Colours of peace
Ranjita Biswas recaptures the festive spirit of Basant utsav at Santiniketan. Gurudev, inspired by the concept of joy and brotherhood of Holi, had decided to celebrate it as the festival of spring

Kala Bhavan at Visvabharati University; (left) women look resplendent in colourful saris during Basant utsav at Santiniketan
Kala Bhavan at Visvabharati University; (left) women look resplendent in colourful saris during Basant utsav at Santiniketan

Spring has brushed the trees with red now. Drinking in the vibrant beauty a flame- coloured palash and Krishnachura, my mind meanders to Santiniketan where gulal and red flowers merge into a riot of colour during the Holi festival. Rabindranath Tagore was so inspired by the concept of joy and brotherhood of Holi that he decided to introduce it as Basant utsav, festival of spring, in Santiniketan, his abode of peace.

Santiniketan beckoned me one summer to celebrate the coming of spring in the very tradition that had inspired Gurudev. Leaving behind the hustle bustle of Howrah station, the train chugged through the picturesque countryside of Birbhum district, summer-dry and dotted with date palm trees. Embarking at Bolpur station, gateway to Santiniketan, I could sense a mood of anticipation in the air. After all, Holi, or Dol in Bengali parlance, was a couple of days away. The streets of this quiet township reverberates with songs and dance on the Dol Purnima day to usher in the king of seasons — to celebrate, in Tagore’s words: Ore bhai, fagun legechche bone bone, which roughly translates into: "Come see, O brothers! How falgun has coloured the forests."

Photo: Ritusmita Biswas

For days before the D-day, the students of Visvabharati University rehearse their Rabindra Sangeet and dance at the Sangeet Bhavan. Even the rickshaw-puller, who took me around the pretty town of shaded avenues and red earth of kopai by the stream, seemed infected by the mood of festivities as he pointed out the landmarks of the town — the museum at ‘Bichitra’ building, Uttarayan complex, etc. "Didi, wait till you see the students coming out in a procession singing and dancing on the Holi day," he exclaimed.

Indeed it is a tradition that has become iconic. The campus is decorated with alpana, the Bengali style rangoli, made with rice paste and flowers, decorate the venues.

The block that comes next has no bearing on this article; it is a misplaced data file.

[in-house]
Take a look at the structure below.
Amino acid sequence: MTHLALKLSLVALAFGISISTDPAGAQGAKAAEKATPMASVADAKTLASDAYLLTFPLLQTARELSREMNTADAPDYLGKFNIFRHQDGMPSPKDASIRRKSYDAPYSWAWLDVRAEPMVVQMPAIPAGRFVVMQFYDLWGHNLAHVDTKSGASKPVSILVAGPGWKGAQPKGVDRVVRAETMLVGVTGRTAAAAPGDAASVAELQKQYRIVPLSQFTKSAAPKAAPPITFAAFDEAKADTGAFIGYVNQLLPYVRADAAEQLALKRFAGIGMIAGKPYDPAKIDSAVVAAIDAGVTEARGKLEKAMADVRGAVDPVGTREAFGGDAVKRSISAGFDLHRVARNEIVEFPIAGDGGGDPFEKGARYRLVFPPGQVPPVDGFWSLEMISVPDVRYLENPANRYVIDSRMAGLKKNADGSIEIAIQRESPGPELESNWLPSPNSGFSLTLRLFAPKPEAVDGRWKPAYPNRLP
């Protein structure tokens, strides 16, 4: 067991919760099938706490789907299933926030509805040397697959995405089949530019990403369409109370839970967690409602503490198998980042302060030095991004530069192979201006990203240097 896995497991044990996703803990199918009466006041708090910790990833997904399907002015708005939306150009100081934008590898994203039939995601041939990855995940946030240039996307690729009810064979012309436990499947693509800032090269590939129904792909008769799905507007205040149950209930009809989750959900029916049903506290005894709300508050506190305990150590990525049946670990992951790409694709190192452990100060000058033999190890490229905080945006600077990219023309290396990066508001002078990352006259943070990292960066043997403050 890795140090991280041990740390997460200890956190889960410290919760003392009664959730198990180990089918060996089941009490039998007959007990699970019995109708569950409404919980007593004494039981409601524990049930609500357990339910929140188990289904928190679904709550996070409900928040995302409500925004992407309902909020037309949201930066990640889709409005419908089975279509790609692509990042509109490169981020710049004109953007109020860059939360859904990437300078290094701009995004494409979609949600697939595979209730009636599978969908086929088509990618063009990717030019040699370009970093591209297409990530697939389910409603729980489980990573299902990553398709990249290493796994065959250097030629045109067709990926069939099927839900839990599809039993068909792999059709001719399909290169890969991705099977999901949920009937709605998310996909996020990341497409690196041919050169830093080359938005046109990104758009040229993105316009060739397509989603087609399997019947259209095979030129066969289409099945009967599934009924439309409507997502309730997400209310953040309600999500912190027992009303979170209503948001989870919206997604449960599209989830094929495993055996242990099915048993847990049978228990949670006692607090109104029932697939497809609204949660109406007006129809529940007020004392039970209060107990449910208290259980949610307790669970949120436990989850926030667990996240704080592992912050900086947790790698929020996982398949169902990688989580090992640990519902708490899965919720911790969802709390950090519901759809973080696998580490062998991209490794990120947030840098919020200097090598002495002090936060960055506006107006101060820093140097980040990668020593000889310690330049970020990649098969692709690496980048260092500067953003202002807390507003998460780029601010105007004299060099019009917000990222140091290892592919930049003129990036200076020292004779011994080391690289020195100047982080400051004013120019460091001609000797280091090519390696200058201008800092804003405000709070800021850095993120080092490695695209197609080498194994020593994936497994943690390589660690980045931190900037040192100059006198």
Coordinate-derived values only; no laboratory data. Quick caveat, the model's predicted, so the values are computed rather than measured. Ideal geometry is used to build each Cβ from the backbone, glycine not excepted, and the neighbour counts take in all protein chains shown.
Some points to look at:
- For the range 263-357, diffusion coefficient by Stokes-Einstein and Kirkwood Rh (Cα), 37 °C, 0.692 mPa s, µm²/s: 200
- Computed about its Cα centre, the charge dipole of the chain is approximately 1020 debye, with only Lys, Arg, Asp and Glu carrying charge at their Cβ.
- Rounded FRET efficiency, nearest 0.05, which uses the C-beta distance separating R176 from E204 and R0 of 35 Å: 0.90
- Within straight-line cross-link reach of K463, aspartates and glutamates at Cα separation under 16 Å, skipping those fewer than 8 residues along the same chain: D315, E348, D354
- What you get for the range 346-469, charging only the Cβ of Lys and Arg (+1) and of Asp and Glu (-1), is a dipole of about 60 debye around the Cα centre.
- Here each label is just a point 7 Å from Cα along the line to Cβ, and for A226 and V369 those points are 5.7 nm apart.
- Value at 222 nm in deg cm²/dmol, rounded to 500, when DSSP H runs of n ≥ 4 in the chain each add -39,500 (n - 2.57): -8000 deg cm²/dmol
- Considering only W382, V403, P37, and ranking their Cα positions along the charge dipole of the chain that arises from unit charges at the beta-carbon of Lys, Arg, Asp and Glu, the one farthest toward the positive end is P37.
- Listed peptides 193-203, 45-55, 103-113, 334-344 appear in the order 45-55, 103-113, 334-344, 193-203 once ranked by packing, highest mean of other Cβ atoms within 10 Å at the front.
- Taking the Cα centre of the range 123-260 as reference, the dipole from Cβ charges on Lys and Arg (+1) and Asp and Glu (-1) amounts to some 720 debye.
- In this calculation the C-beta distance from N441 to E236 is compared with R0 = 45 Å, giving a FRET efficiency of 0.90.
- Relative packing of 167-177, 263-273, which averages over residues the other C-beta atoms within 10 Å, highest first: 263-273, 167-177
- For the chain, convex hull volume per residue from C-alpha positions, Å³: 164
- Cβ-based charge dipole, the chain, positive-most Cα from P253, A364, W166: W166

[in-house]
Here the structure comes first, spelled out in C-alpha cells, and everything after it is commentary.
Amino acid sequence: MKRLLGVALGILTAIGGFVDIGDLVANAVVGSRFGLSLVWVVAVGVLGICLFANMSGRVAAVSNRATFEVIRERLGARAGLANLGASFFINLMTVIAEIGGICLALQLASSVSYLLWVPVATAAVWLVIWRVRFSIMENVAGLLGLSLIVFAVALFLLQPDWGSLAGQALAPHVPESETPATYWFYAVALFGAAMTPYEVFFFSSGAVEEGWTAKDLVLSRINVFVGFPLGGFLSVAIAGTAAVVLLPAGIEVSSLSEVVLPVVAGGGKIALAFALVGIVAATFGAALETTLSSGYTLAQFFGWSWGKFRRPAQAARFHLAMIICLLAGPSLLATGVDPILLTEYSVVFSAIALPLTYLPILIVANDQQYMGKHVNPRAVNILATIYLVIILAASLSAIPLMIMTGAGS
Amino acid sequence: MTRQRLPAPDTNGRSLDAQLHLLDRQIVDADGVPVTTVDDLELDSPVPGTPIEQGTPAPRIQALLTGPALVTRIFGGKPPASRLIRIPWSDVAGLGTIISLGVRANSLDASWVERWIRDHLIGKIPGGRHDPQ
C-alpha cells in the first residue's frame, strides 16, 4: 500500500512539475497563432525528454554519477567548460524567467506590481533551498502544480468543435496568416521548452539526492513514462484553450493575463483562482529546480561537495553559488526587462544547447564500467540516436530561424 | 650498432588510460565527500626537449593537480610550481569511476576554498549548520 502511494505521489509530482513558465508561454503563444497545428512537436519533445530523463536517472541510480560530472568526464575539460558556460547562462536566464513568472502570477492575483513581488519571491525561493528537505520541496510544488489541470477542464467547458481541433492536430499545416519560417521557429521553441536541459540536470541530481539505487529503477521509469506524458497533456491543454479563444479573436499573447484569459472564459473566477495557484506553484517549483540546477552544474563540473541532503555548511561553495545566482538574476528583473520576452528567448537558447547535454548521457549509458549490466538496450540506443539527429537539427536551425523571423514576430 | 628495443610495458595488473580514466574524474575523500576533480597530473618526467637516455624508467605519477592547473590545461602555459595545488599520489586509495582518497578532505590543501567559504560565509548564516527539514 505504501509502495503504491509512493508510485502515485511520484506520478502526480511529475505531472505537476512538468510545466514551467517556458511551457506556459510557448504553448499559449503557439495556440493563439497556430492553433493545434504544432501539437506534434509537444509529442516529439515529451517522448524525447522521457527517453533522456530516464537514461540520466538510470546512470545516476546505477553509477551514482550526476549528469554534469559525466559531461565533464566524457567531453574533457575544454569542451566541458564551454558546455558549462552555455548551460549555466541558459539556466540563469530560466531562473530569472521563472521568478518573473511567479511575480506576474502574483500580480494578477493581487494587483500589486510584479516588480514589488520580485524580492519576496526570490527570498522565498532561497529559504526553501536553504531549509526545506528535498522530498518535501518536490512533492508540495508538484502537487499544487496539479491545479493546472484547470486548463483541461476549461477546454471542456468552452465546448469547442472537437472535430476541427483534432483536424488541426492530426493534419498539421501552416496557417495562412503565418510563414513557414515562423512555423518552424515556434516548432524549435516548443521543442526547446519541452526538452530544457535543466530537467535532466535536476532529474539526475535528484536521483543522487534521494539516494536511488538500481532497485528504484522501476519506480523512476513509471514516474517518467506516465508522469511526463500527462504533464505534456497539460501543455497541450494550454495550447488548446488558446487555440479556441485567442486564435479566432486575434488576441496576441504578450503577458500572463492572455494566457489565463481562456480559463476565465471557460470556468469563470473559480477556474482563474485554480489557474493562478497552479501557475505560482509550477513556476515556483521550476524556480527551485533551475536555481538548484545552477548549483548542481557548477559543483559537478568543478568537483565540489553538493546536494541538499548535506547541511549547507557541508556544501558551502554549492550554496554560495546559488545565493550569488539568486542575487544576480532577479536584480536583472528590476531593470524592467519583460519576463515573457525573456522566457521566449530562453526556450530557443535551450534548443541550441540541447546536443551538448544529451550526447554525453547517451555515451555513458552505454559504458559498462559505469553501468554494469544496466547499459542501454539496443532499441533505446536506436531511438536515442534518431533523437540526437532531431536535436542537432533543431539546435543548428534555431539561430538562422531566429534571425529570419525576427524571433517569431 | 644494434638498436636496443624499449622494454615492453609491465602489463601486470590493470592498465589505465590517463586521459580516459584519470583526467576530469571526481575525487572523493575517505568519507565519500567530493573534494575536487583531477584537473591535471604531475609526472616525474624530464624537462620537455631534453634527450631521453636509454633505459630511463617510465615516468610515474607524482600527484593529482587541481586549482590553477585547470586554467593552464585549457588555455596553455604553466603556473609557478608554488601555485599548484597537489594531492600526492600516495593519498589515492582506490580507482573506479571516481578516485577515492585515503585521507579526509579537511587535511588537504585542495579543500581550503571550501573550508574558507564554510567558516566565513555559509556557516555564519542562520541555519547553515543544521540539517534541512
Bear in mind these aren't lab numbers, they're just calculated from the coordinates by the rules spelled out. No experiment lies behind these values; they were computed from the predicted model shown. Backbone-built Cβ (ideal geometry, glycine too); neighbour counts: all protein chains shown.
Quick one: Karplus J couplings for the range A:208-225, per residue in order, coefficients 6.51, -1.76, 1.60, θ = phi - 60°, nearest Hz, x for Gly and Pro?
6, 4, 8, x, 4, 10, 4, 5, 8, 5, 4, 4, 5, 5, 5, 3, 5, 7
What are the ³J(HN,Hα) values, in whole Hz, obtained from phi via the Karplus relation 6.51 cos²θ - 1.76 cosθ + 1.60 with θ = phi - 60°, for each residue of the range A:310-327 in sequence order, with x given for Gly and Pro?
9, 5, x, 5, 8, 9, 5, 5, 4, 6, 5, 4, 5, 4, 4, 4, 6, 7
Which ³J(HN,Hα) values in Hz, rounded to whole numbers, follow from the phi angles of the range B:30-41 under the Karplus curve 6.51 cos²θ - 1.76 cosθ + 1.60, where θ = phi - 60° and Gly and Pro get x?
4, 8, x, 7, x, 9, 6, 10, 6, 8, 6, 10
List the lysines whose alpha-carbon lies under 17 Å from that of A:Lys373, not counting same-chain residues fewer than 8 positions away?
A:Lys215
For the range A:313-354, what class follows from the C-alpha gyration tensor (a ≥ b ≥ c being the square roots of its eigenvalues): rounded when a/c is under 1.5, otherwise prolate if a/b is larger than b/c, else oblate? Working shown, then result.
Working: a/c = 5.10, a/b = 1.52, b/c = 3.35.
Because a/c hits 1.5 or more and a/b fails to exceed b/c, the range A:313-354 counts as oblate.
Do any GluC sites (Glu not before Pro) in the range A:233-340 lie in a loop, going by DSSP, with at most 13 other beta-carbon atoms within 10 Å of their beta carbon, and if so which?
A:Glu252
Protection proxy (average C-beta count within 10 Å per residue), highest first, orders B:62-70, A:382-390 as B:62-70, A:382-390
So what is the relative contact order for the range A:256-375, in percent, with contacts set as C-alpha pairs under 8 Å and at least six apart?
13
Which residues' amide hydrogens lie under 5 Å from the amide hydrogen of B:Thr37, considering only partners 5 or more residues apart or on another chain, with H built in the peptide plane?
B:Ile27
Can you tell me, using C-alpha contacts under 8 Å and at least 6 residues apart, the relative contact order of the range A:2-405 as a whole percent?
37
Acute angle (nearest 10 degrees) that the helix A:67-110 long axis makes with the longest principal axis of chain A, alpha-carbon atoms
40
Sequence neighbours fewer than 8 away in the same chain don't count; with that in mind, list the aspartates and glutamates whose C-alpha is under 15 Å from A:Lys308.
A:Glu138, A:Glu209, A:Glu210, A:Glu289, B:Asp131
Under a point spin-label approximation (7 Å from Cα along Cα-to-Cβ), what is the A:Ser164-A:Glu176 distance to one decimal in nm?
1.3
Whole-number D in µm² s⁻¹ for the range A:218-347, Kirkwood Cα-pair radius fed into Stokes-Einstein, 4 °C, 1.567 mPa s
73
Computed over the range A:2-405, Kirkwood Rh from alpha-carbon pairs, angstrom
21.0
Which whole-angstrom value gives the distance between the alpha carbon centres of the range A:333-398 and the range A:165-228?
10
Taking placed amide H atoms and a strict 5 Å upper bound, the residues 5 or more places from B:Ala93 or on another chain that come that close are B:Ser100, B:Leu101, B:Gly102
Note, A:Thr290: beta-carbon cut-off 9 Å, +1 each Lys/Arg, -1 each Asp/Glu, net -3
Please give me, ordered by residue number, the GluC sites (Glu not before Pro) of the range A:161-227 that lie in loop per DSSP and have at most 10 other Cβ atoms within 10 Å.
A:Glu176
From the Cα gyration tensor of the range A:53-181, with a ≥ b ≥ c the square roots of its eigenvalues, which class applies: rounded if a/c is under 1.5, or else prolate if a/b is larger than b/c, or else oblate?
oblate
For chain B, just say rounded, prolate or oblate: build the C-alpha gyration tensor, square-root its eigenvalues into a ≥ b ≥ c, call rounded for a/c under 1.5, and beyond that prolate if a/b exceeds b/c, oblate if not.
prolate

The day begins with a prayer under the shaded groove of Amrakunja with its umbrella of mango leaves. Then follows a congregation at Chhatimtola, where the poet’s father used to meditate under the shade of chhatim trees. Afterwards, the students stream out in groups dancing to the accompaniment of musical instruments, singing "Ore grihabasi, kholo dwar, kholo dwar/ laglo je dol" urging the people to open their doors and usher in dol.

The women look resplendent in their colourful cotton saris and garlands of fragrant flowers; the men also sport traditional dresses — dhotis, kurtas. Yellow dominates the attire, denoting energy, intellect and awakening of new blooms in the spring. As they progress down the streets lined with street sculptures by Ram Kinkar Baij, a legendary artist of Santiniketan, they throw colours into the air and smear each other in bonhomie. Only dry powders, abeer and gulal, are used, keeping to the spirit of friendship and hope as Gurudev had conceived it. The students sit in open-air fields to continue their music sessions or visit houses of their teachers for impromptu soirees of song and dance, sharing mishti (sweets) and food.

In the evening, as the full moon etches a silver landscape, hundreds of people gather at Chhatimtola to watch one of Tagore’s many dance dramas, enacted by the students. It creates a magical ambience of romance and ecstasy indeed.

On the note of festivities, the Pous mela, celebrated in December, is another great time to be in Santiniketan. Watch the fine arts students at work, get amazed by the terra cotta figurines created by indigenous craftsmen, and of course, listen to the Bauls, the wandering troubadours, who sing of transience of life and love for the one who presides over this universe.

To think Bolpur was once called Bhubandanga, said to be named after a local dacoit Bhuban Dakat! In 1862, Maharshi Devendranath Tagore, Rabindranath’s father, came across a landscape of red soil with rows of chhatim trees and date palms. At the forefront of the Brahmo Samaj movement, he was looking for an ideal place, where people from all religions could come for meditation and prayers. Charmed by the place, he built an ashram there in 1863, which he called Santiniketan (abode of peace).

Tagore started a school here in 1901, Patha Bhavan, on the age-old gurukul system, which morphed into Visvabharati university defined as "where the world makes a home in a nest" blending the methods of learning of the East and West.